David Bourget (Western Ontario)
David Chalmers (ANU, NYU)
Rafael De Clercq
Jack Alan Reynolds
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Philosophical Explorations 7 (3):201 – 218 (2004)
Debates about explanation in the social sciences often proceed without any clear idea what an 'account' of explanation should do. In this paper I take a stance - what I will call contextualism - that denies there are purely formal and conceptual constraints on explanation and takes standards of explanation to be substantive empirical claims, paradigmatically claims about causation. I then use this standpoint to argue for position on issues in the philosophy of social science concerning reduction, idealized models, social mechanisms, functional explanations, inference to the best explanation and interpretive understanding.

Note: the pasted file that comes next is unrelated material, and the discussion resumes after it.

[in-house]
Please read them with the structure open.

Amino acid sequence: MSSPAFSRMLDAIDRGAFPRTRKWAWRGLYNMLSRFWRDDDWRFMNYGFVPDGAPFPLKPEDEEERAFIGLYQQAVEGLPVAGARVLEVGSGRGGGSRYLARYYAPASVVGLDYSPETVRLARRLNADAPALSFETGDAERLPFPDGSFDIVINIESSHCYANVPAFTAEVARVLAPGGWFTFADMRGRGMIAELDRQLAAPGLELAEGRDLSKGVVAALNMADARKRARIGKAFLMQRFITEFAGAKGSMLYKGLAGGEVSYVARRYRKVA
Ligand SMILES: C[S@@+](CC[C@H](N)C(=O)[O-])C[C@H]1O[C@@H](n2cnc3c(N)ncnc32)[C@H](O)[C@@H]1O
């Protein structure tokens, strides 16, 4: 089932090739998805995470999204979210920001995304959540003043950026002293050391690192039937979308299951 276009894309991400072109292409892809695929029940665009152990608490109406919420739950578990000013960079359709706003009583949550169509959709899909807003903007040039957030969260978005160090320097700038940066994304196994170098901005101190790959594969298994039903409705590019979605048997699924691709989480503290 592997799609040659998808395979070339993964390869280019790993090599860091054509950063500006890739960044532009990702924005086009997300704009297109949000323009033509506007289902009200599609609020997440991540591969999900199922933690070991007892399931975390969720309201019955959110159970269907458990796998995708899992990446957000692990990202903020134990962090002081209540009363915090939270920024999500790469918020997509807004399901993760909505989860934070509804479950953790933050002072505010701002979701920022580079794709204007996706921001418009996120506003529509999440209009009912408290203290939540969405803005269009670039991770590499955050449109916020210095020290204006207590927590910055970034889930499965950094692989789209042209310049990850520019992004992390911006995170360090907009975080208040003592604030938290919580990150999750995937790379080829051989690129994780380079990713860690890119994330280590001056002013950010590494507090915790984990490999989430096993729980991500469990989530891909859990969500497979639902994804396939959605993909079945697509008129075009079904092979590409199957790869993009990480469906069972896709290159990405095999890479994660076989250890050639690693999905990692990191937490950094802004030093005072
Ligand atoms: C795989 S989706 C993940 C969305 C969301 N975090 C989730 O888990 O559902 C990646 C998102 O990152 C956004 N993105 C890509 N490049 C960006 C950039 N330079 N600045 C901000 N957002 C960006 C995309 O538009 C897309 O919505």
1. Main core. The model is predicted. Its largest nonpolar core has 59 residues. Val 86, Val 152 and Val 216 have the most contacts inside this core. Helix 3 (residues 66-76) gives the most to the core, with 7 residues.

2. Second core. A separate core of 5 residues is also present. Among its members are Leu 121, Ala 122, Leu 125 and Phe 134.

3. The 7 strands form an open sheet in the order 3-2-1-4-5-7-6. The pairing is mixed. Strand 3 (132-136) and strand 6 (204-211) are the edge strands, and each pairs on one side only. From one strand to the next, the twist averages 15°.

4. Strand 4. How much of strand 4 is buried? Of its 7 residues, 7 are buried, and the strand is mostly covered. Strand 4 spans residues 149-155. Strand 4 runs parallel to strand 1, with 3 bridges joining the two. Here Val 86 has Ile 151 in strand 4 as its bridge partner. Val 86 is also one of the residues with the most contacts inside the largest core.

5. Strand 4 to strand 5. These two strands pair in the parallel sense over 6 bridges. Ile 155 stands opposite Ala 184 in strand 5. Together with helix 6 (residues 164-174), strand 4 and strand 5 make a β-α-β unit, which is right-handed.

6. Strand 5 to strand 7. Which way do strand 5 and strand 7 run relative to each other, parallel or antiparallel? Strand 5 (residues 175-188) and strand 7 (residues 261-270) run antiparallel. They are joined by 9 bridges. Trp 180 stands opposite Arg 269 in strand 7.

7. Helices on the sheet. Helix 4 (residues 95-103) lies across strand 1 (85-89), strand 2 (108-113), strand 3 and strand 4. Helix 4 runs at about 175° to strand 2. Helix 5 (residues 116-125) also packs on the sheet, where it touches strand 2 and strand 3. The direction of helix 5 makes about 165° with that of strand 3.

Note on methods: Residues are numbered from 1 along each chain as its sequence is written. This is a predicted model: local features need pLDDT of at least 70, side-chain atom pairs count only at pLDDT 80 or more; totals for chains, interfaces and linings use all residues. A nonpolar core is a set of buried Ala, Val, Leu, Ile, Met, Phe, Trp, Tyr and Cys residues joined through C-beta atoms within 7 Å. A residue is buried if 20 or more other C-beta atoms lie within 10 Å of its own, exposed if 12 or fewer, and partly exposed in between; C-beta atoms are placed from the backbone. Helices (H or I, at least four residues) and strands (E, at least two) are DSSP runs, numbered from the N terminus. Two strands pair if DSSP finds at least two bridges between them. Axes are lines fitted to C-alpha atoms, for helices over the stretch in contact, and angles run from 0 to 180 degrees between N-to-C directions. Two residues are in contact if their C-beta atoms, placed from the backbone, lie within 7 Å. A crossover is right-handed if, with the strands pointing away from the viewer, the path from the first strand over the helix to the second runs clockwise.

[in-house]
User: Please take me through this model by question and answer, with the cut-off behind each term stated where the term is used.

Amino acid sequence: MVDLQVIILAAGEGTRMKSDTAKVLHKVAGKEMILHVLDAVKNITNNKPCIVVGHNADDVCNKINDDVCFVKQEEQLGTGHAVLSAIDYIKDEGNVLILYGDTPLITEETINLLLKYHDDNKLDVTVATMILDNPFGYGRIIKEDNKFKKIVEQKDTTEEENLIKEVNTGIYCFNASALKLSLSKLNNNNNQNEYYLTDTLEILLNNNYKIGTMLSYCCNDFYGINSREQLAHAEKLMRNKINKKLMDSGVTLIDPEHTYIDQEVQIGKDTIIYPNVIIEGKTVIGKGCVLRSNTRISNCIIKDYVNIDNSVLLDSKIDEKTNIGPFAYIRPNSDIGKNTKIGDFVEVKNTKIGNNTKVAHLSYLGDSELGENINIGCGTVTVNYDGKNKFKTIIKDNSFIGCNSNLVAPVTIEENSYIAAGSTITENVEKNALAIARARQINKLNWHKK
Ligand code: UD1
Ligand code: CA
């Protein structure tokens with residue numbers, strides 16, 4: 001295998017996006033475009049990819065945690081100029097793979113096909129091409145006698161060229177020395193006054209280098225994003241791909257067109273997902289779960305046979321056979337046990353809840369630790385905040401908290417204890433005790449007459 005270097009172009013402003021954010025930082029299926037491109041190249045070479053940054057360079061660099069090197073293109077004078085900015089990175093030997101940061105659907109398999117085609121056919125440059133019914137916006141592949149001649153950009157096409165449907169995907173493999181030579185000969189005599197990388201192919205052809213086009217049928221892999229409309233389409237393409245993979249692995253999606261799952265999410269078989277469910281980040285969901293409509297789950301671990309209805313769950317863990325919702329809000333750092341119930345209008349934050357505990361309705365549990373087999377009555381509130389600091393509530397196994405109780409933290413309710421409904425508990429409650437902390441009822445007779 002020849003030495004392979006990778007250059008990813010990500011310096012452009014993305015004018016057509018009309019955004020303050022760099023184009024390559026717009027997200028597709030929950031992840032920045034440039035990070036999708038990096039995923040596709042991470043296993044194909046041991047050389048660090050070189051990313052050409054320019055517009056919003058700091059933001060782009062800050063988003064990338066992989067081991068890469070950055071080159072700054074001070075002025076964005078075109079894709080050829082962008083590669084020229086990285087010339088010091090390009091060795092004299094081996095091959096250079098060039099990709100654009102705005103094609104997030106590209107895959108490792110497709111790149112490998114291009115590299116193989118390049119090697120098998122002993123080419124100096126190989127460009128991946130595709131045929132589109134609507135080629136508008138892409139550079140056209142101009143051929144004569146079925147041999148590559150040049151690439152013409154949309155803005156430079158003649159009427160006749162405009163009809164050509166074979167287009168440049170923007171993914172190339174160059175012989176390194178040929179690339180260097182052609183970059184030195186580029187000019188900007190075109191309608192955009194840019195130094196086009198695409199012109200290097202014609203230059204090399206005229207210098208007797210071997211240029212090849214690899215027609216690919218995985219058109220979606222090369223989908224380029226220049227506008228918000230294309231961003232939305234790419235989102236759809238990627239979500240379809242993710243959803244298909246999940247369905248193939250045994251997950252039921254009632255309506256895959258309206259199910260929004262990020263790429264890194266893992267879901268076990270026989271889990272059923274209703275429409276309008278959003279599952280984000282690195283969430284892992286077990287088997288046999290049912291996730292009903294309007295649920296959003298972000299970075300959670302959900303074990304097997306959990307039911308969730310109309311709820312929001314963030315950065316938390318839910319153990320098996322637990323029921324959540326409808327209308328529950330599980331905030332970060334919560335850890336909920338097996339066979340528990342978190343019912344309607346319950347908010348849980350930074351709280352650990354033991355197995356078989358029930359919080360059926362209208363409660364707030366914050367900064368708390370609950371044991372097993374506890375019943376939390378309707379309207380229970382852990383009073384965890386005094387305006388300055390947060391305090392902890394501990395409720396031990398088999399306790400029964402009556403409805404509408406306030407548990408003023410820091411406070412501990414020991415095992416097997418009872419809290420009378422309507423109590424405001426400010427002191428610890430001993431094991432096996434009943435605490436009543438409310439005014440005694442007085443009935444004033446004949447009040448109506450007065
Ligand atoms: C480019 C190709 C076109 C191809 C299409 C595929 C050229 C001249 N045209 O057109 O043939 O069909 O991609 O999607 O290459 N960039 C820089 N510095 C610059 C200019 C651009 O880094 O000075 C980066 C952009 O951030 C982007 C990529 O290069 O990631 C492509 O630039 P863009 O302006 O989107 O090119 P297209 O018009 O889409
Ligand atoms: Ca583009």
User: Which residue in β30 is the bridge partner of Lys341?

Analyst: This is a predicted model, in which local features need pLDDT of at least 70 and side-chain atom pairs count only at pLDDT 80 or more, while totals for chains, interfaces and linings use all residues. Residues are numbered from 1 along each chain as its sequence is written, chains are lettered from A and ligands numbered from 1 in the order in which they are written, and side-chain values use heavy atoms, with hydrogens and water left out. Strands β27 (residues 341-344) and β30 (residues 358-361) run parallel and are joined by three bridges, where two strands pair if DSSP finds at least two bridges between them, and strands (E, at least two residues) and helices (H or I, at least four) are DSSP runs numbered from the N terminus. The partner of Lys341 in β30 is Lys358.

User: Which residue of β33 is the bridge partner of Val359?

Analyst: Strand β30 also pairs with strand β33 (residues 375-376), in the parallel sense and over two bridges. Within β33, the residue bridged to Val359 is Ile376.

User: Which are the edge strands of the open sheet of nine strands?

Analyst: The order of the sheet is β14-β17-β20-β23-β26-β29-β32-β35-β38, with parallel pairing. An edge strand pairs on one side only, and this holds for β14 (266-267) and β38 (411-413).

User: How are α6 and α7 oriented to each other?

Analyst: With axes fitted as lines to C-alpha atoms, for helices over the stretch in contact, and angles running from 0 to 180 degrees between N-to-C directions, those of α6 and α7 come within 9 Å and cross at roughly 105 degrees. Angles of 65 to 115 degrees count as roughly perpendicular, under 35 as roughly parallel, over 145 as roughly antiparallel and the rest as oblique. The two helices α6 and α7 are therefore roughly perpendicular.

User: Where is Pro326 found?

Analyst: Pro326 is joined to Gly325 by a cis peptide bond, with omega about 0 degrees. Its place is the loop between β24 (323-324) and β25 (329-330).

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Julian Reiss (2012). Causation in the Sciences: An Inferentialist Account. Studies in History and Philosophy of Science Part C 43 (4):769-777.
Julian Reiss (2010). In Favour of a Millian Proposal to Reform Biomedical Research. Synthese 177 (3):427 - 447.
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